University researchers discover what fighting dirty really meant for Aberdeen’s medieval citizens

Today you’re most likely to find people kicking up a stink on social media.

But researchers have found medieval Aberdonians used to have far smellier, more repellent, methods of working out their aggression.

Several incidents have been unearthed of people who lived in the Granite City during the 15th Century throwing buckets of excrement at each other during fights.

Documents which were lost for more than 200 years reveal cases where “wattir and filtht” had been thrown during such altercations.

Academics confirmed the contents were probably faeces and urine, but welcomed the findings as providing an insight into the lives of ordinary Aberdonians during that period.

Dr Edda Frankot, of the University of Aberdeen, said: “History in the past has often been of kings and nobles.

“These urban sources are special as they show us the fights of normal people – anybody can get into a fight.”

The information comes from recently discovered copies of medieval burgh records.

The invaluable records were uncovered by Dr Jackson Armstrong.
The invaluable records were uncovered by Dr Jackson Armstrong.

On October 31, 1491, Canny Leis was reported as being convicted of throwing “filth” on David Theman.

She was warned that if she ever did it to him again – or to any other reputable person – she would have to pay a fine of 5 merks which would go to St Nicholas Kirk.

A log from October 10, 1494, shows that Robert Kintor was convicted of “distrubling” Philip Dunbrek, an officer of the court.

He was warned he would be fined if he ever threw “such violent water or filth” out of his house again.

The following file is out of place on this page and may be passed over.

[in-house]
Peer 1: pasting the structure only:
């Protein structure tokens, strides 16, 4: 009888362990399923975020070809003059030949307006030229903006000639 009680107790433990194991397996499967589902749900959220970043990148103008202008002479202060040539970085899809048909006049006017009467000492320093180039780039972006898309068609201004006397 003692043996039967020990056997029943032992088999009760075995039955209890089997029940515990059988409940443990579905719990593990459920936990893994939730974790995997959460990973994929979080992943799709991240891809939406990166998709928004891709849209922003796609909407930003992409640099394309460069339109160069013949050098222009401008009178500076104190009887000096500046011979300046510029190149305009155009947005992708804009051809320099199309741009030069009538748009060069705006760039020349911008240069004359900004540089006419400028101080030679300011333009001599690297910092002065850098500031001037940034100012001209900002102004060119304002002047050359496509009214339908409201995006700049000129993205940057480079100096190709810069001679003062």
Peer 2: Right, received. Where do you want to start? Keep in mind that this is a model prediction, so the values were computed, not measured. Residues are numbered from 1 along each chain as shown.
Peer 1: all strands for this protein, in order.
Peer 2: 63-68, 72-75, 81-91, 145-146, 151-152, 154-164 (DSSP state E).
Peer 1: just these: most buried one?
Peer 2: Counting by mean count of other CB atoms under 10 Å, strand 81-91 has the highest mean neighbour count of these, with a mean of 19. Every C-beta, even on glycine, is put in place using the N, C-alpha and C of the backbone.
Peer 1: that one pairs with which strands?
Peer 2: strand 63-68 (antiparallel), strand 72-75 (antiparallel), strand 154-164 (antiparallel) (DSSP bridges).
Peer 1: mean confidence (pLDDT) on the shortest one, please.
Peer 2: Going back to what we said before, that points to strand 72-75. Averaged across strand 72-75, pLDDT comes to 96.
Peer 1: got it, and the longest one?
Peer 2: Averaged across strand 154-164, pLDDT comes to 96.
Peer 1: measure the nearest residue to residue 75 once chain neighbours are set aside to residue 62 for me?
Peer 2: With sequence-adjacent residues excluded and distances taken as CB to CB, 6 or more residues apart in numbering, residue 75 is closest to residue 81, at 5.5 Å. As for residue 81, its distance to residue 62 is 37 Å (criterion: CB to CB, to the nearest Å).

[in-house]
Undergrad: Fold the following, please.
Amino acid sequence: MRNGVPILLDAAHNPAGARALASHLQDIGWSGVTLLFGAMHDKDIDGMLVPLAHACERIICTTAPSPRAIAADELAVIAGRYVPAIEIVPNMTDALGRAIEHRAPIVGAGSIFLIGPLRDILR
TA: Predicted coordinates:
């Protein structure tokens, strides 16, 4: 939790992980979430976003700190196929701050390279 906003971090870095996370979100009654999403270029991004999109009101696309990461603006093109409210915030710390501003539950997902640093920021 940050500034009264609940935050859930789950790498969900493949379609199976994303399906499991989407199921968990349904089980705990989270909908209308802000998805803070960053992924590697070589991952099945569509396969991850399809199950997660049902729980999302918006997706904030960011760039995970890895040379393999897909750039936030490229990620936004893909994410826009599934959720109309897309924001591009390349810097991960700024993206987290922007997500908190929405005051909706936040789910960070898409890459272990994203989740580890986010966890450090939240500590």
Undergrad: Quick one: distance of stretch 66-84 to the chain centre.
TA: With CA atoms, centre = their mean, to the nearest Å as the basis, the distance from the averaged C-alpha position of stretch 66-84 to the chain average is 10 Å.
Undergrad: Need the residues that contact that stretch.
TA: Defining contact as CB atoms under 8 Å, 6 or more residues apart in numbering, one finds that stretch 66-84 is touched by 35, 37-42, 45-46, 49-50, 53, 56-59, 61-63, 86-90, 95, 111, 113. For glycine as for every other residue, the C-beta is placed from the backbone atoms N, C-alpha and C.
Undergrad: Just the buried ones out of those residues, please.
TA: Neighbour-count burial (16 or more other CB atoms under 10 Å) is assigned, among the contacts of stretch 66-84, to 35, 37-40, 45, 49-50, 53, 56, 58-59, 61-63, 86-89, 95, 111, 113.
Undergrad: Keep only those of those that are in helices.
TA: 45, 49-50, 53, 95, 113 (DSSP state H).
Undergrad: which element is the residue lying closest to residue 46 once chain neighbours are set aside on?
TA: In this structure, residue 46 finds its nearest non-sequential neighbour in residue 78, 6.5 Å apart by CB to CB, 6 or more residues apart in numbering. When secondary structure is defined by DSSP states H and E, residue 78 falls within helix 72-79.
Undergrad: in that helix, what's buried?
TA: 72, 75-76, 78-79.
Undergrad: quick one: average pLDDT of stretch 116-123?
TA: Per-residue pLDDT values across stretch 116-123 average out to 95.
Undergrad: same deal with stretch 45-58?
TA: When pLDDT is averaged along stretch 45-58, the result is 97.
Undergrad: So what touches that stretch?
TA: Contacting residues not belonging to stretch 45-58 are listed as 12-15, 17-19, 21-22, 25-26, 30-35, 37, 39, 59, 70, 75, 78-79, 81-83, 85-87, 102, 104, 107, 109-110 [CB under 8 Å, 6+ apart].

A Dictionary of the Older Scottish Tongue states that water could be used to describe urine.

Another entry from 1491 shows the “wife of John Chalmers” was in the dock for chucking filth around the house.

Although no information is given about locations for the incidents, it is believed most would have taken place in pubs or were the results of disputes between neighbours.

Researcher Claire Hawes added: “The buckets would have been used as toilets, that’s what we think.”

The archive of the city’s earliest council registers is considered to be a national treasure because it is near-complete in its coverage of the period 1398-1511 – with the exception of the missing “third” volume, running from 1414 to 1434.

Information from the lost documents were found by the university’s Dr Jackson Armstrong.

His curiosity was pricked by a reference to “very curious extracts from the records of the city of Aberdeen 1398-1658” in a catalogue of the medieval holdings of ancient universities and colleges produced in 1932.

When he tracked the manuscript, by James Man, he found a number of pages had been copied from the missing volume back in the 1700s.

So far, a dispute between King James I of Scotland and Highland clan chiefs, as well as Aberdeen’s Mediterranean reputation for salmon, have been found in the logs.

The research team will continue to work on the sections that have yet to be deciphered which could lead to further revelations.